Humans have carried on mining operations since the beginning of time. Prehistoric people mined the “Lion Cave” in Swaziland for a type of iron oxide as early as 41,000 BC which they used like glitter to decorate their bodies.  Today, miners explore for oil, gas, rock salt, stone, gravel, coal and minerals—both base and precious metals—from every column of the periodic chart.
Mining is divided into two segments, surface and underground. Underground mining, once much more common, has been outpaced by surface mining in modern times. Surface mining delivers 85 percent of minerals and 98 percent of metallic ores. Quarrying, open pit mining, strip mining and mountaintop removal (used primarily for coal mining) are all forms of surface mining. 
Similarly, mining companies fall into either of two categories. Majors and Juniors.
Major mining companies are usually publicly-held multinational firms with revenue of $500 million or more. Their role in the industry is that of producer; they perform the on-going mining operation required to extract target minerals from the earth, then to handle mine closure and land reclamation once the site becomes unproductive.
Junior mining companies primarily take on the role of exploration. Their exploration activities provide the major companies with new sites to mine.  While their revenue seldom exceeds $50 million, it is the junior minors that drive industry growth.
Just as sales organizations often divide their sales team into “hunters” who find new business, and “farmers” who cultivate each account to maximize revenue, junior companies are the “hunters” of the mining industry. They secure its future. As such, junior mining companies as “playing a senior role” in the industry.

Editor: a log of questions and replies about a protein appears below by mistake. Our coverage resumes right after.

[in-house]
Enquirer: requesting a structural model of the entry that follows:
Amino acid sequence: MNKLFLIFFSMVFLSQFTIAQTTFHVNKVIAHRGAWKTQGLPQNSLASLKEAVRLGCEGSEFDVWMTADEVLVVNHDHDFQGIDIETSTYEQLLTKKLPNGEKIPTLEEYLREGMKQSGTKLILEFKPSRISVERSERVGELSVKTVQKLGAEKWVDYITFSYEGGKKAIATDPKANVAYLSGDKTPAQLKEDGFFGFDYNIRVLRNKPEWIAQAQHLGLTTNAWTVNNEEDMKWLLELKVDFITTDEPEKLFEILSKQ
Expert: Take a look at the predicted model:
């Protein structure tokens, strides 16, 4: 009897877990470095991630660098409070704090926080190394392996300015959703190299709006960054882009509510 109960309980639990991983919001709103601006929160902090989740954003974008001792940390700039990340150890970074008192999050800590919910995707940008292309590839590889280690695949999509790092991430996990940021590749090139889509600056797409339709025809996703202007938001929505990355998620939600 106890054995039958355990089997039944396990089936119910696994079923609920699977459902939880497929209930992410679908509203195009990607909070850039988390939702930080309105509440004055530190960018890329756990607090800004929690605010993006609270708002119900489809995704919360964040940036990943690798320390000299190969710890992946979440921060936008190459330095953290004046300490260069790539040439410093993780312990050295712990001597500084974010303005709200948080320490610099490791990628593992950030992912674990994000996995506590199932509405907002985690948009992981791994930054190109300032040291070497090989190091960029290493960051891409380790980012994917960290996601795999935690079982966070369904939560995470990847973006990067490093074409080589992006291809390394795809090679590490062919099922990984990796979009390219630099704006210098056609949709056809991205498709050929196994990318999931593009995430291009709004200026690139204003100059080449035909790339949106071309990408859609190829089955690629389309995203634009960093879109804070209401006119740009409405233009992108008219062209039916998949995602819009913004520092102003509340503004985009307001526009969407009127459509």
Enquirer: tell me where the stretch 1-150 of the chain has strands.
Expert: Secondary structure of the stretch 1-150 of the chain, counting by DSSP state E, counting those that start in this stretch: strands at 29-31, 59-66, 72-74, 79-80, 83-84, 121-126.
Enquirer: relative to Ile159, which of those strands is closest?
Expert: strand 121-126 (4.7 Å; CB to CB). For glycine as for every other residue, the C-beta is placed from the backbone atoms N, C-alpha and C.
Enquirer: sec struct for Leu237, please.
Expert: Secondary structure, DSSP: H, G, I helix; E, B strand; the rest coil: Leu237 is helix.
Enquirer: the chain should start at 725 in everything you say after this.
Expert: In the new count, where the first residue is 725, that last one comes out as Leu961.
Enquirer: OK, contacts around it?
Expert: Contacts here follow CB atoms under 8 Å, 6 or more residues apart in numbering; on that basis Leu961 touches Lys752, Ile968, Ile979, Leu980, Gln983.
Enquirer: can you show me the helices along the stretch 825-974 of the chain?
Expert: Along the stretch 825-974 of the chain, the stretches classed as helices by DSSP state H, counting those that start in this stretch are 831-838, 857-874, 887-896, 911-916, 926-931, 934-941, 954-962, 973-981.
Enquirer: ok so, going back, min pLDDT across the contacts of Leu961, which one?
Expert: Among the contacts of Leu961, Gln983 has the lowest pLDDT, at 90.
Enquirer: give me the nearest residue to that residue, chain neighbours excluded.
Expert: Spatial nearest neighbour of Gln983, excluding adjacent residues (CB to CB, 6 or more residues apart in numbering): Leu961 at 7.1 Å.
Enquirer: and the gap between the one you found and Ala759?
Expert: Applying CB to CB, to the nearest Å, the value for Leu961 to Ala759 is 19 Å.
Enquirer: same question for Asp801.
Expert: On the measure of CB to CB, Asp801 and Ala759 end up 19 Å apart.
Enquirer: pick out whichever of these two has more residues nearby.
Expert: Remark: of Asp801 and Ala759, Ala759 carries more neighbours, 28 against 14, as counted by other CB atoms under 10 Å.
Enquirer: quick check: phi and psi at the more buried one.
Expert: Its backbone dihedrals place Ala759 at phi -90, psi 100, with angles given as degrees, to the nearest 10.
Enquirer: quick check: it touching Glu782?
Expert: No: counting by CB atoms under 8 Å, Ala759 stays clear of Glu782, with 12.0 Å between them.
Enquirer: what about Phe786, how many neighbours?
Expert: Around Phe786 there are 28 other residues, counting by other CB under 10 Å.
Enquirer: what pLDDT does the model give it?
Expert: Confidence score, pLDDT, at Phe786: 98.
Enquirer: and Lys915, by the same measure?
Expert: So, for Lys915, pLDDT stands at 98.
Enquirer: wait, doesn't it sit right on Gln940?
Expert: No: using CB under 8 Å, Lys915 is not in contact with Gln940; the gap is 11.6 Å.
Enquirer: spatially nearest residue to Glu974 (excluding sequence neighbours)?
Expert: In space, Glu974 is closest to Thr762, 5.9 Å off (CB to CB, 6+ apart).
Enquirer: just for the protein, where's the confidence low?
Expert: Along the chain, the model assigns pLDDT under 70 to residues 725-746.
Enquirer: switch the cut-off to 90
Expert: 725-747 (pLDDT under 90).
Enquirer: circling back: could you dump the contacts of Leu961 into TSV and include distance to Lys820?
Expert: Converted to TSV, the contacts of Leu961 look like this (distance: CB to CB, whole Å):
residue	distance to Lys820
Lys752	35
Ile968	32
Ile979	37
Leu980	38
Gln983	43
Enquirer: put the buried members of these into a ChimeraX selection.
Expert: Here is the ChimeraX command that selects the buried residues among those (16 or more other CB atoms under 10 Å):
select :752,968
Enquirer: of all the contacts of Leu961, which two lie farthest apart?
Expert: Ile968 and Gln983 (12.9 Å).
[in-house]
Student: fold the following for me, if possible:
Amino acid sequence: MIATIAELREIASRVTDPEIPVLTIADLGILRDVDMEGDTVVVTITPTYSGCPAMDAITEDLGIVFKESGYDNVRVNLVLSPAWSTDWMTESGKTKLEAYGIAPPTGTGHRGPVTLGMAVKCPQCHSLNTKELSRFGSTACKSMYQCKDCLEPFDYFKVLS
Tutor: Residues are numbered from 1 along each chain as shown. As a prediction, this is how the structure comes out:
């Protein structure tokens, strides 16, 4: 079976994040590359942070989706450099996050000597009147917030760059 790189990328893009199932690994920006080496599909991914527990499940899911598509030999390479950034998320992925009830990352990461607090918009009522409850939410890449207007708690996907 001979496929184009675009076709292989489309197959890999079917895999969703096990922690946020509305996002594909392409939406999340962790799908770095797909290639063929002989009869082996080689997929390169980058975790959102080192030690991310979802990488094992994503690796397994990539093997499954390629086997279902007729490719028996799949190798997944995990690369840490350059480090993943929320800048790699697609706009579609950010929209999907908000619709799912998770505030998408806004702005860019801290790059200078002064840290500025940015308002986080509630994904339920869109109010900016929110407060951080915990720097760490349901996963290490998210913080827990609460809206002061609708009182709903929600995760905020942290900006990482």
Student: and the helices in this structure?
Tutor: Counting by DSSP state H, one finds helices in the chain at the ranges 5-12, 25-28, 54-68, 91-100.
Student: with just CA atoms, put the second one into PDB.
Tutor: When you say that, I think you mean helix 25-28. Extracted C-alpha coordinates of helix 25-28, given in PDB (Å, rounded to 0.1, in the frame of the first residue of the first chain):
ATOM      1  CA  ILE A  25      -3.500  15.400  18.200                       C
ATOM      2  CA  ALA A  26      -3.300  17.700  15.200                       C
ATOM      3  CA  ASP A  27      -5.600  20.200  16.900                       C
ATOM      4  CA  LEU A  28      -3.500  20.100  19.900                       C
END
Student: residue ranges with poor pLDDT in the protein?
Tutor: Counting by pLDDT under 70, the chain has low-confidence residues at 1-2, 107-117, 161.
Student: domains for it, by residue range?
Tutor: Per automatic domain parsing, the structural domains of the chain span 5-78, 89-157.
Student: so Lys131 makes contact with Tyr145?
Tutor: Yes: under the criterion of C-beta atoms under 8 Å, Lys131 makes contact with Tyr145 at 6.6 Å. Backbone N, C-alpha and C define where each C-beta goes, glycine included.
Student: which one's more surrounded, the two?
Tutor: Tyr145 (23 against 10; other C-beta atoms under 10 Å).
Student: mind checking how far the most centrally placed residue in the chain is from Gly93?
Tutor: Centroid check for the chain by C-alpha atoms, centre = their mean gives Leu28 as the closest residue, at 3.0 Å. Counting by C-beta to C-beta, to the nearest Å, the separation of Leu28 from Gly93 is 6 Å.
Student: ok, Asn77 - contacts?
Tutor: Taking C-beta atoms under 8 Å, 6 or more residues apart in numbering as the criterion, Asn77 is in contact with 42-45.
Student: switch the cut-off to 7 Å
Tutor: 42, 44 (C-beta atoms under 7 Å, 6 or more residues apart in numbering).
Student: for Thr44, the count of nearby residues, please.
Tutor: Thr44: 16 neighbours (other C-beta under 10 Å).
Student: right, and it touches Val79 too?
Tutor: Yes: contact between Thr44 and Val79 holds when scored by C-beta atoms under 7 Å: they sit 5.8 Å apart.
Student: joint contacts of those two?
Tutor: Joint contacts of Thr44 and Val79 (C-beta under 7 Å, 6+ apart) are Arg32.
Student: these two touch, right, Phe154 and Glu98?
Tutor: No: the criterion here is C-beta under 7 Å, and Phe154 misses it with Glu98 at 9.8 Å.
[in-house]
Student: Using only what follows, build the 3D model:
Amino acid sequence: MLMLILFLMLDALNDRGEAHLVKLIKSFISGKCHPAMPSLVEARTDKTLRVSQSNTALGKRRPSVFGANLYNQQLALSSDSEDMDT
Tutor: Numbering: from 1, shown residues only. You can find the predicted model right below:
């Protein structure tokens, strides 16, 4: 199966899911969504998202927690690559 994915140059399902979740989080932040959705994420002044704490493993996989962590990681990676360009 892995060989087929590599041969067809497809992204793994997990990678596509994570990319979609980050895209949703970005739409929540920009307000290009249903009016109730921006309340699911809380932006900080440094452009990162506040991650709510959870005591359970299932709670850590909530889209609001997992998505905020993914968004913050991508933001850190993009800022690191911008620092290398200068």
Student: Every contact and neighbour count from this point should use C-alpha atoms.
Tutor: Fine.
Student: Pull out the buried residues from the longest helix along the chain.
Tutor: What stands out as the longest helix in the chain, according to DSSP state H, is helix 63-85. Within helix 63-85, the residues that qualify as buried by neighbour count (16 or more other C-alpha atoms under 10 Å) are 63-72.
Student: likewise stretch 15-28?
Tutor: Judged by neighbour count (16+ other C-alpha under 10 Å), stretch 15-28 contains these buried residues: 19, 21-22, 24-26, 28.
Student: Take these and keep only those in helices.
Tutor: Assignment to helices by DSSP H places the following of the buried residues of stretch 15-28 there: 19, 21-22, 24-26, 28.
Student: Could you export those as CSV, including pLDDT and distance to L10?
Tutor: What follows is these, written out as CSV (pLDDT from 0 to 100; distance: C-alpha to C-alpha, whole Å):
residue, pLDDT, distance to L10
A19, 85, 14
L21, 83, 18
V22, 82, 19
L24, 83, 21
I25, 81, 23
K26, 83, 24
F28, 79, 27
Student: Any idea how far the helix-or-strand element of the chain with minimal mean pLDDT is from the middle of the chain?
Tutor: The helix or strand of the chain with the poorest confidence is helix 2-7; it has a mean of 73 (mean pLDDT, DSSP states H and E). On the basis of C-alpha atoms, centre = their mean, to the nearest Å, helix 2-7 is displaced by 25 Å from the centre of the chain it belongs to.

Because junior companies are staffed with highly trained engineers, geophysicists, geologists and scientists, they have the expertise to identify sites that are most likely to produce target minerals in economic quantity over a significant period of time. Exploration includes studying properties that have previously been productive, usually referred to as “brown fields,” as well as so-called “green fields” that have not previously been mined. 
A range of technologies allow miners to evaluate a given plot. Geophysical surveys, often done from an aircraft, look for gravitational and magnetic signatures that indicate presence of a particular mineral. Electromagnetic studies determine the electrical conductivity of rock. Satellite imagery, including satellite-based spectroscopy, uses the visible spectrum and those beyond visible to identify desirable characteristics. These and other techniques lead to a step known as resource evaluation, a process that estimates the quality and expected yield from the site. This step requires drilling and core sampling. 
Sign up for our free newsletter for updates on our latest posts, press, and anything else Star Mountain related!